Eros International Plots its Path to the Stars
Zoom in on Eros International PLC (NYSE: EROS), the first Bollywood movie company ever to list on the New York Stock Exchange, and you may discover a wide-angle lens is in order.
In addition to a growing film release slate and an extensive back catalogue, the company also has burgeoning mobile and new media units that it recently acquired to expand its distribution capabilities. "Our business resembles a little bit of Lion’s Gate, a little bit of Netflix," says Eros CEO Jyoti Deshpande.
Eros produces 70 movies annually, often working within tight budget constraints. Its most expensive titles cost $15 million to make, with marketing topping out at around $3 million for its biggest pictures. Because of India’s lower ticket prices and shorter film runs, Deshpande says, a smash hit might generate only $40 million in ticket sales, but the company has laid a firm foundation for growth. "That's why our risk profile is so different from Hollywood," says Deshpande. "It's all about building scale with very little risk and benefiting from the structured growth that the market provides."
That market includes a growing number of international outlets. Eros films, which are often dubbed in as many as 25 languages, are released primarily in south Asia and the Middle East, but Deshpande says Eros actively markets its titles in 50 countries. "Our films are no longer just appealing to the south Asian diaspora. We're releasing to the mainstream Japanese, mainstream South Korean, mainstream German markets." After their theatrical run, the films enjoy a second life in Eros's library of over 2,300 titles and are sold on cable and pay-TV outlets throughout the world. In 2013, Eros teamed with HBO to unveil HBO Asia, a two-channel Indian premium pay-TV service. Subscribers pay a monthly fee for an ad-free mix of HBO programs, Paramount productions and Bollywood films.
One year ago, the company launched an all-you-can-watch subscription service called ErosNow. The web and app-based premium service offers unlimited global access to more than 1,000 movies, as well as streaming music. But while the model might resemble Netflix, the business structure has a crucial difference. "What differentiates us from Netflix is that we own most of the content. If you look at our balance sheet for the division, content acquisition costs are not very high," says Deshpande, who added that ErosNow does license select films from rival studios to ensure a more complete offering.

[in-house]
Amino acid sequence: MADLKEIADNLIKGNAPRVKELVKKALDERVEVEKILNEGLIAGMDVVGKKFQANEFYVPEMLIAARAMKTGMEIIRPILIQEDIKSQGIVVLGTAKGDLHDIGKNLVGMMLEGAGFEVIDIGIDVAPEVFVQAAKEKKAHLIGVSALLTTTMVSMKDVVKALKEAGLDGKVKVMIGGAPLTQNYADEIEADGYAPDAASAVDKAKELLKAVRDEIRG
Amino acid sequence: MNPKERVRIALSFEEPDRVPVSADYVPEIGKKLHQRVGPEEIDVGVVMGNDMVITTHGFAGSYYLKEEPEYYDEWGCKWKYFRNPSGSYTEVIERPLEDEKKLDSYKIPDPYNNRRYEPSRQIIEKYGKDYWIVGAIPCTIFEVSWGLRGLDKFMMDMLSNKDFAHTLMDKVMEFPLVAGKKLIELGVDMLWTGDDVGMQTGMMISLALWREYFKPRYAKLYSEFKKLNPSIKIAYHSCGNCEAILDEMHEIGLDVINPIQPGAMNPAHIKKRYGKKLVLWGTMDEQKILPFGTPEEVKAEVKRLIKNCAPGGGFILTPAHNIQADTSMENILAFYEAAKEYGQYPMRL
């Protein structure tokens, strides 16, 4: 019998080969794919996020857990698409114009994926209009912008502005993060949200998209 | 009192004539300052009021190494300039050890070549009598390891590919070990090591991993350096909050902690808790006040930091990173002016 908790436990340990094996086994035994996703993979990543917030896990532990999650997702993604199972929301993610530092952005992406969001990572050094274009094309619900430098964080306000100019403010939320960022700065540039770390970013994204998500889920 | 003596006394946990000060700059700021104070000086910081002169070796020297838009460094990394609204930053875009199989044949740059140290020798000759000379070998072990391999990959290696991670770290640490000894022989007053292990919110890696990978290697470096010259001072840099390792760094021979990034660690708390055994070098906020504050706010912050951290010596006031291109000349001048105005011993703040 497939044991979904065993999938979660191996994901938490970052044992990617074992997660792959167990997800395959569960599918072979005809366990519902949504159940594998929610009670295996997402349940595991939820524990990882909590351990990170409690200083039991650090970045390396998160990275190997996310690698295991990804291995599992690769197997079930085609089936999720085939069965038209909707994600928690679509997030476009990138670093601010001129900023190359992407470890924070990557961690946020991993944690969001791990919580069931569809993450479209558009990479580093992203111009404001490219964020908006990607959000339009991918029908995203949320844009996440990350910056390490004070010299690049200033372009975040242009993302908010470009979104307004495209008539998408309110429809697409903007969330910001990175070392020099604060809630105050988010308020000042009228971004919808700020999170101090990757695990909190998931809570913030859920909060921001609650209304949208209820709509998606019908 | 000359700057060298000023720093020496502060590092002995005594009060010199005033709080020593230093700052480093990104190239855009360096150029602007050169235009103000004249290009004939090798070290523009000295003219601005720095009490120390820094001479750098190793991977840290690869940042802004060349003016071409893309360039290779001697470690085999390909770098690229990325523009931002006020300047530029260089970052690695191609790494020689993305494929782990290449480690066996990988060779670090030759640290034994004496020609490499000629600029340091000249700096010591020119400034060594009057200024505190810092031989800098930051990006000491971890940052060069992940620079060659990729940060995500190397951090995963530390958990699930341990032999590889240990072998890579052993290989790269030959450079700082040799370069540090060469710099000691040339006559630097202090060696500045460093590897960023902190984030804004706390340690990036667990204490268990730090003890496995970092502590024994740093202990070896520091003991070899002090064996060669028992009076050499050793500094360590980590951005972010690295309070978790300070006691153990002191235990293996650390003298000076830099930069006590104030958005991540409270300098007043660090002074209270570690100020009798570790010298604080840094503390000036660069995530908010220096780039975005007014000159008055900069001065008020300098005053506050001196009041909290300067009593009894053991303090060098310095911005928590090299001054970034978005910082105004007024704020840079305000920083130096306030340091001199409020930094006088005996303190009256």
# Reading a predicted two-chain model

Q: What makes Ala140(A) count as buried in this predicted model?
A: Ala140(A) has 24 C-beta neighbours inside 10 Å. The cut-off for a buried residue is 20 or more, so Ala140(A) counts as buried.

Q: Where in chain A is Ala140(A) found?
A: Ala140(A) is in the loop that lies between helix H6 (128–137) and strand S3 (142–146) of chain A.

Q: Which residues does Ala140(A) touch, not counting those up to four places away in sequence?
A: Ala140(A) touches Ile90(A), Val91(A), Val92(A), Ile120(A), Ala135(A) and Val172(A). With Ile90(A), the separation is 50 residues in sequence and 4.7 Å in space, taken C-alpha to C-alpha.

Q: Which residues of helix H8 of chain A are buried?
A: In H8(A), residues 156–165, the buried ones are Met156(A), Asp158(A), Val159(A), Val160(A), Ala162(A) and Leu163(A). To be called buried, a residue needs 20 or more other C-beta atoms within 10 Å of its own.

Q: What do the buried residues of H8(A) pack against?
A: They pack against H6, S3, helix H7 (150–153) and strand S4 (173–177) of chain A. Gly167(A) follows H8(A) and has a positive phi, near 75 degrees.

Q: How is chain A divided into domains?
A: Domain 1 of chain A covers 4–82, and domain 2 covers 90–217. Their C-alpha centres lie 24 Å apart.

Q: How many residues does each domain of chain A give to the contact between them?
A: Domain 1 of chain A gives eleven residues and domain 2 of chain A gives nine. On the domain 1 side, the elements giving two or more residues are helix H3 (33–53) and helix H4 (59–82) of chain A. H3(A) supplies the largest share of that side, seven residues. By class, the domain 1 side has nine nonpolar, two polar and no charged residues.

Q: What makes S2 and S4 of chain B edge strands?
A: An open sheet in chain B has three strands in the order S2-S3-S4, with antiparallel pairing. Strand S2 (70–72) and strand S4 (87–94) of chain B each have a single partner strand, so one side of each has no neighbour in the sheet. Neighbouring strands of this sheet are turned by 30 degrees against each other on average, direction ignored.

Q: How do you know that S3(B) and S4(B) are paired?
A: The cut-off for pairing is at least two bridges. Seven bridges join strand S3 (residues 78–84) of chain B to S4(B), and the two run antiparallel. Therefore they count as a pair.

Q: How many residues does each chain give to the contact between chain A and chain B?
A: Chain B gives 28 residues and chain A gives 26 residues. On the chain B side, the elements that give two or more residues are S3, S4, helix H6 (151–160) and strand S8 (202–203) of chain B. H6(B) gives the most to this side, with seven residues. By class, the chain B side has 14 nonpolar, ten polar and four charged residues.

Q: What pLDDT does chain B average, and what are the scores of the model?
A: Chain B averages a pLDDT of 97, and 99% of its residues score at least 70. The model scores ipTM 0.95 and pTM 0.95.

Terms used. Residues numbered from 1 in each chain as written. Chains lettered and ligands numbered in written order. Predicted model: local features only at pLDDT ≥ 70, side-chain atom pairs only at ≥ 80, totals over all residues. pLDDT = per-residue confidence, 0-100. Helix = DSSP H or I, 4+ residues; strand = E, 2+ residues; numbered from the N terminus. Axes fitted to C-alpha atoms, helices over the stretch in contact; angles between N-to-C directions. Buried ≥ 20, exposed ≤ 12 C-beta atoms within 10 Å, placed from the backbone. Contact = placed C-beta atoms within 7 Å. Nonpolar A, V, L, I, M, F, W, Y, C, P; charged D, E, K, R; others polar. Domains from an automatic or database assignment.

To round out its portfolio of distribution channels, in 2014 Eros acquired TechZone, an Indian mobile services company that offers billing integration with most of the country's major telecom operators. It might seem an unusual pairing, but Deshpande notes that while India has nearly a billion mobile phone users, there is very low credit-card penetration. The paucity of credit cards can be a major hindrance to ecommerce on mobile platforms, but TechZone’s billing system routes around the problem, allowing transactions on smartphones to be added to a user’s phone bill or deducted from a prepaid account.
"The low-hanging fruit in the Indian market is mobile growth," says the CEO, explaining how TechZone will allow ErosNow to access a significant mobile audience. "860 million mobile subscribers can potentially download the ErosNow app and engage with our content. In the meantime, 4G is coming, along with broadband plans."
Bollywood films, with their energetic musical numbers, are escapist delights, but Deshpande makes it clear that Eros is focused on market realities, monetizing its content through four distinct channels: theatrical, TV, mobile and web.
"We were looking for access to the capital markets and to put ourselves in the right peer group, with the large entertainment companies in New York," says Deshpande. "We said, 'We are small, but let's get the pond right first.' Now that we’ve got the right pond, we can really start to grow."